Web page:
"One might think that intellectual nonsense of this sort would have been quickly spotted and denounced as absurd. And perhaps if the article had been written by someone other than the leader of the Chicago school of economics and a front-runner for the Nobel Prize in Economics that was to come in 1976, that would have been the article’s fate. "
Right because nobody ever dispute anything Friedman said.  Practically everything he said was attacked by someone.  The problem is that his logic is flawless.  

"The success of the article was not because the arguments were sound or powerful, but rather because people desperately wanted to believe. "
But almost nobody wanted to believe this.  Most people wanted corporations to act like nice guys, or they thought they did.  

"Underneath impenetrable jargon and abstruse mathematics is the reality that whole intellectual edifice of the famous article rests on the same false assumption as Professor Friedman’s article, namely, that an organization is a legal fiction which doesn’t exist "
That's not an assumption it's a clear fact.  A corporation does not have a physical existance.  

"and that the organization’s money is owned by the stockholders."
Ok firstly that's two things, and secondly neither is an assumption.  Both are clearly true for the reasons I've shown.

"In this way, the alleged tendency of executives to feather their own nests would be mobilized in the interests of the shareholders."
Alleged tendencies?  I'm sorry was there anyone anywhere who didn't know that executives feathered their own nests?  

"So for a time, it looked as though the magic of shareholder value was working. But once the financial tricks that were used to support it were uncovered, the underlying reality became apparent. "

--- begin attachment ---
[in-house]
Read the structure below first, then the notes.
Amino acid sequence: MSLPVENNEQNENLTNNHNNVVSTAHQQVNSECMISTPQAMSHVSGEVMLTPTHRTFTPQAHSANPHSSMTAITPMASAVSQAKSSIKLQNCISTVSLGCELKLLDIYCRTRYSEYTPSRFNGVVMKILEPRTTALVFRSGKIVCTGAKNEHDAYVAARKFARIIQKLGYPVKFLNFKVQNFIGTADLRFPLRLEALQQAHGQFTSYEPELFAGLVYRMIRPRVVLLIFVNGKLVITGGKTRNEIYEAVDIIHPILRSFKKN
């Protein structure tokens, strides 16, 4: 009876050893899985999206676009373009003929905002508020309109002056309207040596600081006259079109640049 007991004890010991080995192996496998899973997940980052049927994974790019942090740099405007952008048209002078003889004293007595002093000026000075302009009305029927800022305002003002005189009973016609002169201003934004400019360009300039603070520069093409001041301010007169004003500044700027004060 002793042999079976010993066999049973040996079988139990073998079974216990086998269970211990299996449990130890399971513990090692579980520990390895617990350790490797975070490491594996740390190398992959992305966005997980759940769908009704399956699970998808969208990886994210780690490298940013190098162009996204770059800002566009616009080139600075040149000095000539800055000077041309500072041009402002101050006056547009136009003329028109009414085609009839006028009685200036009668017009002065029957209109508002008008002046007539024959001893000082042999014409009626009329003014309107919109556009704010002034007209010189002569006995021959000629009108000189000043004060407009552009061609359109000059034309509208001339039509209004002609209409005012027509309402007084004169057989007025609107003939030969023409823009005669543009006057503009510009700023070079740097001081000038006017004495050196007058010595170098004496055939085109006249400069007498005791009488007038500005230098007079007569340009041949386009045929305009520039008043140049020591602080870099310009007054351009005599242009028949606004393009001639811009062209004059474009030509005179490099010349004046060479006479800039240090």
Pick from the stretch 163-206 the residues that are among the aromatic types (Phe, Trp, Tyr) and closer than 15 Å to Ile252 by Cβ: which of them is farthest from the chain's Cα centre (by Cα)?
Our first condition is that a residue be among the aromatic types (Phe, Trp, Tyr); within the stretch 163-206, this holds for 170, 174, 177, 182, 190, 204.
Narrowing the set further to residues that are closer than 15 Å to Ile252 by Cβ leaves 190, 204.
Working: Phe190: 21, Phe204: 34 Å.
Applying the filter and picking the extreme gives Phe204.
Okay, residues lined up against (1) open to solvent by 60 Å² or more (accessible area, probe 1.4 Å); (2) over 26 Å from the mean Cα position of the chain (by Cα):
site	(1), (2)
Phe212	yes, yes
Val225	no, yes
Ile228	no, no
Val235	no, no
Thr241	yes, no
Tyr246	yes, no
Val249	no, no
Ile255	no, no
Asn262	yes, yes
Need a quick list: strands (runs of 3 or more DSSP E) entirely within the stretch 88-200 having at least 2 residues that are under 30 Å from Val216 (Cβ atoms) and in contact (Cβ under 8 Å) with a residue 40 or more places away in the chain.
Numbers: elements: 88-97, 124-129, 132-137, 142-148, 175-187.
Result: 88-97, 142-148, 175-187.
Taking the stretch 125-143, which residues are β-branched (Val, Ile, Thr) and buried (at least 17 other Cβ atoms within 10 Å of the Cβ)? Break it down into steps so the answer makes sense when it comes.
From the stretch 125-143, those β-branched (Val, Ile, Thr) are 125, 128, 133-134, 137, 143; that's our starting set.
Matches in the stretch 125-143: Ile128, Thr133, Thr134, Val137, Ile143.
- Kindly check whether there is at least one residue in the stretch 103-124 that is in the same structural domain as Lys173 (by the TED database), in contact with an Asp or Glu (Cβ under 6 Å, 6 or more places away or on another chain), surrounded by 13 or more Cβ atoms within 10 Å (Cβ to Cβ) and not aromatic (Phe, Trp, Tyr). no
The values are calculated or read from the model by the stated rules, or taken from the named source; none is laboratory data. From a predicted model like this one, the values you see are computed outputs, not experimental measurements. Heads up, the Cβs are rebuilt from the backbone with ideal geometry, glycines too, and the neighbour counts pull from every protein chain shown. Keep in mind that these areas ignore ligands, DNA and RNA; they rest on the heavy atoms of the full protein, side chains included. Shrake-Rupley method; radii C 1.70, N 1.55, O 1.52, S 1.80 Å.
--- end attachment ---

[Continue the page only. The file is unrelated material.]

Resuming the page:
So the problem isn't with shareholder value, but that executives FAKED shareholder value.  Great I hope that means you'll stop trashing the concept.  

"The rate of return on assets and on invested capital of US firms declined from 1965 to 2009 by three-quarters, as shown by the Shift Index, a study of 20,000 US firms.

"The shareholder value theory thus failed even on its own narrow terms: making money. "
Ah yes, the post hoc, promptier hoc fallacy.  Hello my old friend.

"Yet, precisely the opposite occurred. In the period of shareholder capitalism since 1976, executive compensation has exploded while corporate performance declined."
Which suggests that executives HAVEN'T been prioritizing shareholder value have they?  

"”. It turned out that the fabulous returns of GE during the Welch era were obtained in part by the risky financial leverage of GE Capital, which would have collapsed in 2008 if it had not been for a government bailout."
So in other words Welch wasn't maximising shareholder value, he was just maximising what the value appeared to be if you didn't look at the risks.  So again this has nothing to do with what Friedman said.  

"Jack Welch...  said“On the face of it, shareholder value is the dumbest idea in the world. Shareholder value is a result, not a strategy..." "
Yes and it's the result you're trying for.  Friedman didn't say that it was a strategy.  He said it was a GOAL, and the only legitimate one.  

Welsh continues "...your main constituencies are your employees, your customers and your products."